Sue had been with PMP Company for more than five years. She did a great job at the large variety of tasks she performed. Sue was the office administrator and the only office staff in this seven-person organization. She entered the payables and receivables in QuickBooks for PMP's outside CPA to review. Sue answered the phones, talked with customers and venders, and collected and prepared the payroll numbers for PMP's management approval. She did anything she was asked.

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Tips to Recruit the Best Candidates

Q.  I have been recruiting for an entry-level position in my business. I am surprised by the lack of good candidates. I thought it was a buyers’ market and that there were a lot of people looking for work. Why can’t I seem to attract the right people?

A.  Recruitment isn’t an exact science. There isn’t a specific recipe we can give you that will guarantee you hire the perfect person. However, we can give you a few tips that will help.

1.     Determine what you are looking for – This is always the first step. You can’t write an ad before you decide what you need. Focus on behaviors. Often you can train someone to use your software if he/she is smart and hardworking. We say, “Hire behaviors, train skills.” While certain jobs require specific skills and experience, behaviors will still make the difference between an employee who fits well in your company’s culture and with the hiring managers or customer’s personality.

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Implement an Effective Sales Compensation Plan

Q.  I run a small business and want to develop an incentive compensation plan for my salesperson. His goal is to sell $100,000 per month and he earns a base salary of $60,000. In months where he achieves his goal, I plan to give him an additional $500. If he sells $120,000, I would give him another $500 bonus. Finally, if he reaches $140,000 in a month I would give him $500 more for a total bonus of $1,500. Do you think this is a good idea?

A.  We are big fans of incentive compensation for two reasons. First, a well-designed system can motivate employees to deliver the performance you want. Second, if you structure the compensation system correctly, you will have plenty of money to pay your employee if he or she earns the incentive, because your company will have done well.

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Q.  I run a small business and want to develop an incentive compensation plan for my salesperson. His goal is to sell $100,000 per month and he earns a base salary of $60,000. In months where he achieves his goal, I plan to give him an additional $500. If he sells $120,000, I would give him another $500 bonus. Finally, if he reaches $140,000 in a month I would give him $500 more for a total bonus of $1,500. Do you think this is a good idea?

A.  We are big fans of incentive compensation for two reasons. First, a well-designed system can motivate employees to deliver the performance you want. Second, if you structure the compensation system correctly, you will have plenty of money to pay your employee if he or she earns the incentive, because your company will have done well.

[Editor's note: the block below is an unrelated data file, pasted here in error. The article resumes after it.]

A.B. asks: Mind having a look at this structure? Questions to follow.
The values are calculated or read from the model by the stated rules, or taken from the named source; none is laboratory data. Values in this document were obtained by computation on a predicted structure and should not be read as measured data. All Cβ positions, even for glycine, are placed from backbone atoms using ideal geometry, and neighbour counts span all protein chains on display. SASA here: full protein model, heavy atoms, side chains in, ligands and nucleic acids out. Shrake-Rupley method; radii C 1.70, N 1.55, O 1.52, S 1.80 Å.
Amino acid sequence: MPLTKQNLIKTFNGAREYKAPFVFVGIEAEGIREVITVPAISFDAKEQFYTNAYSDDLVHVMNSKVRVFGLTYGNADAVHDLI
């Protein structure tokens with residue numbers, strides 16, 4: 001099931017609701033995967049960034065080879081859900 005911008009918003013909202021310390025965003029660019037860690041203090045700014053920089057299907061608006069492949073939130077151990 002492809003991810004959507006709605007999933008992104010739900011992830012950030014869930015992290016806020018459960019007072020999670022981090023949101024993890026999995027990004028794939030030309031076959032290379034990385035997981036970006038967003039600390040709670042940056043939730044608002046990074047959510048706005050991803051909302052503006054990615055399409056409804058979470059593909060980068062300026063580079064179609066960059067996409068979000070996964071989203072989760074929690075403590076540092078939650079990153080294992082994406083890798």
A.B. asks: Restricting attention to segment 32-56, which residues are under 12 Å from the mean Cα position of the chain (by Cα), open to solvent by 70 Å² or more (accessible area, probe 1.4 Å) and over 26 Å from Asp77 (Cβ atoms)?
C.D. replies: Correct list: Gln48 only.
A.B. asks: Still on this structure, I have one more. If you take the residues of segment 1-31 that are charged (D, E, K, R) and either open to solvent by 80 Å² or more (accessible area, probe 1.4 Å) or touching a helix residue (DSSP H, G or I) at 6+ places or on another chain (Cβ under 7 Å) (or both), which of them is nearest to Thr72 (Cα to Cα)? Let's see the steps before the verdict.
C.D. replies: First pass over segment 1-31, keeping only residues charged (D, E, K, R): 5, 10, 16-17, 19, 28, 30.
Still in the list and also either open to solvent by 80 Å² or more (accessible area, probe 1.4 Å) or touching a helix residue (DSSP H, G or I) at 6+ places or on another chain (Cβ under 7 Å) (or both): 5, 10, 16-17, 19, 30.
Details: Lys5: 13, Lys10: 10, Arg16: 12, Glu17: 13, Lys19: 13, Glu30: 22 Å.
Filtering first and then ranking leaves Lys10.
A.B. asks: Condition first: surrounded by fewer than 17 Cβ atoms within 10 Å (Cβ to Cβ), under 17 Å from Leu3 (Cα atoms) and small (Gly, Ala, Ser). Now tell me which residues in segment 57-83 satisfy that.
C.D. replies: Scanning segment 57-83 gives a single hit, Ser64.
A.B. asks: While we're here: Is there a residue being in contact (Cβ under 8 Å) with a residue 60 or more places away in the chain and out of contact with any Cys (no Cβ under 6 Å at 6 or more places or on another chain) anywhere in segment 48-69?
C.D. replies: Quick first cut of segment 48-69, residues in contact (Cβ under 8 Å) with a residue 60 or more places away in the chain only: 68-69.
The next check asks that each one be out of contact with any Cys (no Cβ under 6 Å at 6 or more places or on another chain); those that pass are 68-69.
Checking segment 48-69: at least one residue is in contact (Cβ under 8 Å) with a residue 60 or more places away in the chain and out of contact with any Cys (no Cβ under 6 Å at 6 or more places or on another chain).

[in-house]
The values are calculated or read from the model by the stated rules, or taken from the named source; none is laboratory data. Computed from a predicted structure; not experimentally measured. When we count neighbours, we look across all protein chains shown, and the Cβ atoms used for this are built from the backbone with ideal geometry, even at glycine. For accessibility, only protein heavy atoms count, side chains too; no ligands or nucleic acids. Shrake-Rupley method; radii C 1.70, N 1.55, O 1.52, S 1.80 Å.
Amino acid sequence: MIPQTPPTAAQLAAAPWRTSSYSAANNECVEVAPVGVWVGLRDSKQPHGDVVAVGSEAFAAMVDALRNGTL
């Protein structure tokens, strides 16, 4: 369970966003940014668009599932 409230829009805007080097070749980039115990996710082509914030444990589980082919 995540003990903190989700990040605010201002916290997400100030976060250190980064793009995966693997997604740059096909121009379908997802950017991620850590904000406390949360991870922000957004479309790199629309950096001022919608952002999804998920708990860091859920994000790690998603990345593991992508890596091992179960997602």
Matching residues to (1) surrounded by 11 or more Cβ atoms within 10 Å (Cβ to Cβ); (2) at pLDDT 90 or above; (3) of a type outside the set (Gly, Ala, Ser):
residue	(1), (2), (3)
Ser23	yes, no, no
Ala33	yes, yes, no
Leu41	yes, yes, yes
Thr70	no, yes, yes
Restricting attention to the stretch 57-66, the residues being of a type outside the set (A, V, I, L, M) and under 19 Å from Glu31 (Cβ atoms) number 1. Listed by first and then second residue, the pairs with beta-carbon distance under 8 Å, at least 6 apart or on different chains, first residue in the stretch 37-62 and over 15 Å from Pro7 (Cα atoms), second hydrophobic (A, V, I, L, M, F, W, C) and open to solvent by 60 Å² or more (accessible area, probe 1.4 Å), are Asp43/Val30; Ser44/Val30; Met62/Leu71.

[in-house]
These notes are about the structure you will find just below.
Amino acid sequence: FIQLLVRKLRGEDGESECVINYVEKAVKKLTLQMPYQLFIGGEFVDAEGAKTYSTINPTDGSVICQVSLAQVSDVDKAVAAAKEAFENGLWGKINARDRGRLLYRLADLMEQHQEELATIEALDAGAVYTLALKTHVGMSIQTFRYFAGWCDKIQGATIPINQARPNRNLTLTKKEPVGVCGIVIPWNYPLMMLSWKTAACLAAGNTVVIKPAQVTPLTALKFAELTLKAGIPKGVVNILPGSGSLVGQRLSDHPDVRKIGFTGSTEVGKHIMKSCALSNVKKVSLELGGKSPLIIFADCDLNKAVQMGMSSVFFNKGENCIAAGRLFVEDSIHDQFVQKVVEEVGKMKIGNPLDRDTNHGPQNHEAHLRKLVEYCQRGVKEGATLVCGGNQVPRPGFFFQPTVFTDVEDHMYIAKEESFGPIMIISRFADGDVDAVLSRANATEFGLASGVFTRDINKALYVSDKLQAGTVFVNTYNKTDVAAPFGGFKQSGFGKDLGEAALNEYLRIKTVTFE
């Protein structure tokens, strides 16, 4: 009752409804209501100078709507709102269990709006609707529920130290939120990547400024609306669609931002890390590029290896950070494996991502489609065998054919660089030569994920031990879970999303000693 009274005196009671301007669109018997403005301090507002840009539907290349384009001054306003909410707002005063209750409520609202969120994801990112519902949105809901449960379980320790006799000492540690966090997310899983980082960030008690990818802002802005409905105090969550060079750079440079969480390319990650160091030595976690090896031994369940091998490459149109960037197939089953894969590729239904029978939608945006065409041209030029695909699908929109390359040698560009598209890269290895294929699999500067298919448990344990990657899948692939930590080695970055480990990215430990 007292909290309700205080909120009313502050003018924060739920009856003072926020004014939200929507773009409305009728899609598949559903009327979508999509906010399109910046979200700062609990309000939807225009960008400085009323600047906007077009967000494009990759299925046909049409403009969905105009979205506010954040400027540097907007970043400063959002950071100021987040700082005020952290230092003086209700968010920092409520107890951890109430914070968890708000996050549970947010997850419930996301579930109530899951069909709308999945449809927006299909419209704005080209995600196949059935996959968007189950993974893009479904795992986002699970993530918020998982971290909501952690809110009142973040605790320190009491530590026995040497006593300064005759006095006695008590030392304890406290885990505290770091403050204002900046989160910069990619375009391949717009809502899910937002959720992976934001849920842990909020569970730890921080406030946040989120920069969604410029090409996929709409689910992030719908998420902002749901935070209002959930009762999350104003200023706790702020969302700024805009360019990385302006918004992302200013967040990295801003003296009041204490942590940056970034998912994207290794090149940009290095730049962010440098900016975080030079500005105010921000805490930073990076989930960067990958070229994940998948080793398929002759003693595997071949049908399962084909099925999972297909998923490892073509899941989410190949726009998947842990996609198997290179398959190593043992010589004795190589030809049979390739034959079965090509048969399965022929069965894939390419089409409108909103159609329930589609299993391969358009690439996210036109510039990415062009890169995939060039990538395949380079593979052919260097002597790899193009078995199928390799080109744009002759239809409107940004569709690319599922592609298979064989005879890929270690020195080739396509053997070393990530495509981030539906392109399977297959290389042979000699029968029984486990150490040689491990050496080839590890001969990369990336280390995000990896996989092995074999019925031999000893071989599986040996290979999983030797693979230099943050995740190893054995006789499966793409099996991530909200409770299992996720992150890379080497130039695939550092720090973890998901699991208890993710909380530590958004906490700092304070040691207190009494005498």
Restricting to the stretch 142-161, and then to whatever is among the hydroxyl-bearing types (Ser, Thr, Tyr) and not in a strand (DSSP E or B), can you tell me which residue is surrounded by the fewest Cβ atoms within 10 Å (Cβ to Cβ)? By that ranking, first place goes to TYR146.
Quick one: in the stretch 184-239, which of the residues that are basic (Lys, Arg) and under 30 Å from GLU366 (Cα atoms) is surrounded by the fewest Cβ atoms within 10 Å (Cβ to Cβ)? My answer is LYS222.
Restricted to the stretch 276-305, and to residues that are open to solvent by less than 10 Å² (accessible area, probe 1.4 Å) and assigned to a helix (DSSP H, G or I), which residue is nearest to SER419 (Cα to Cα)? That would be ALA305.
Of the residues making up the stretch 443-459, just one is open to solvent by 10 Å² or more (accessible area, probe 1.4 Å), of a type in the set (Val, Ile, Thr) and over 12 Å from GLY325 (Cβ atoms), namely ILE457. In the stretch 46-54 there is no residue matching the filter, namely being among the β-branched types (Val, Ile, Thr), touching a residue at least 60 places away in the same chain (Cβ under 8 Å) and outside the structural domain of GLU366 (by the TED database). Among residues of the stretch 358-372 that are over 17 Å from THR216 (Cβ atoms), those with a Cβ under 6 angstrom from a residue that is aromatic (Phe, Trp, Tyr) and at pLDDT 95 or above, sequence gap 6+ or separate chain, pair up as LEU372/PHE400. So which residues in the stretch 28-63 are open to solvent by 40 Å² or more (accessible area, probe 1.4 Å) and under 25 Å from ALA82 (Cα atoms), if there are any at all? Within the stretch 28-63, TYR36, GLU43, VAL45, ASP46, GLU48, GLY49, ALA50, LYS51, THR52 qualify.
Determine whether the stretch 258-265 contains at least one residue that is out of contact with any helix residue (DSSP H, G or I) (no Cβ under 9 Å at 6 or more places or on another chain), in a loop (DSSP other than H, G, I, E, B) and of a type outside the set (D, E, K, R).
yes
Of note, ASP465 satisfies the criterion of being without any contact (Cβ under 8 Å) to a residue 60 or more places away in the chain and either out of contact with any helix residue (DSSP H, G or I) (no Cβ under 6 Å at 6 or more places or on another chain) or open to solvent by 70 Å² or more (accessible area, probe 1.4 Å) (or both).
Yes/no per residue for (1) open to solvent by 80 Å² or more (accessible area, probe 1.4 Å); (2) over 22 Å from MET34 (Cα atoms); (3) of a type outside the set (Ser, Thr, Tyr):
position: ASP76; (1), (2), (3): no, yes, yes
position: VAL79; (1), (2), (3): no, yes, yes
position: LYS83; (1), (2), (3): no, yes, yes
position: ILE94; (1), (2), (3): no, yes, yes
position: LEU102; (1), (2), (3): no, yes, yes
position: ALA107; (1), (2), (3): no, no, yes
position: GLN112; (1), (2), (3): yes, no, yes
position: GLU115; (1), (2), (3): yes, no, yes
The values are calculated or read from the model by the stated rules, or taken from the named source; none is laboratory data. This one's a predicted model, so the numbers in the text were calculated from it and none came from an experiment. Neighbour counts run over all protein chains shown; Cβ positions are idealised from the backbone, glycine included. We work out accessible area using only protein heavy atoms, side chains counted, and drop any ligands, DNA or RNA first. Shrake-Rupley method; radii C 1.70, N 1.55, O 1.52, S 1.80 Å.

“I HIGHLY recommend Polly and Doug. They have wonderful insight to help small business owners prioritize and identify strategies for growth and improvement. Wish I had met them 20 years ago!”

Sharon MaderePresident / Premier Pet Products

My team and I have had the privilege of working with Polly on our business. Polly's keen business insight and savvy is something special. She was honest, direct, and tactful about her observations and recommendations for our team and how to grow our business. It was a pleasure having her help us and I would tell anyone that’s serious about growing their business to call Polly. She’s great!

John O’Reilly, Broker/OwnerBase Camp Realty

“Doug and Polly, I want to thank both of you! The past few months have been enlightening and overwhelming all at the same time. Your guidance, direction, wealth of knowledge, and wisdom have exceeded all my expectations. No words could ever completely describe just how amazing of a “dynamic duo” you two really are!”

Dawn Beninghove, RN, CCM, CRP, PNChief Executive Officer / Companion Extraordinaire Nursing Network, Inc.

“Doug White took on an unfocused operation (in the financial services sector) and created an efficient, centralized system dedicated to excellence. He did this not by driving change from the top down, but by helping the entire team see how their part of the process could be improved. Doug then mentored us toward effecting the changes ourselves. He taught us all how to bring our “A game,” and how to take ownership and pride in what we do.”

Donna LevinVice President of Operations / care.com

"I have had the privilege of working with Polly White for several years on a variety of projects. She consistently provides clear direction on how to resolve a wide range of employment-related issues. I look forward to my continued relationship with Polly."

Elizabeth WilkinsBusiness Manager / Manorhouse Management, Inc.

I have known Polly for more than ten years. As an HR Manager, I have utilized Polly’s training expertise at my former company and with my current company. Polly exceled at assessing the needs of our management teams and tailoring training programs that resulted in visible positive change. I also know I can count on Polly as a resource on any HR topic or bounce ideas off of her when I need a second opinion. Polly has been a mentor to me and I have always appreciated her willingness to listen and offer valuable advice and expertise.

Leigh McCullar, HR Business PartnerUniversity of Richmond

I am truly impressed with the abilities of Doug and Polly White, thank you! What a difference your expertise have made in helping Associates grow in their careers. Your dedication to excellence through empowering the individual and strengthening the Company is enlightening. I do and will continue to recommend Whitestone Partners to the Executive Market.

Suzanne Pittman, MEd VAMAC, Inc.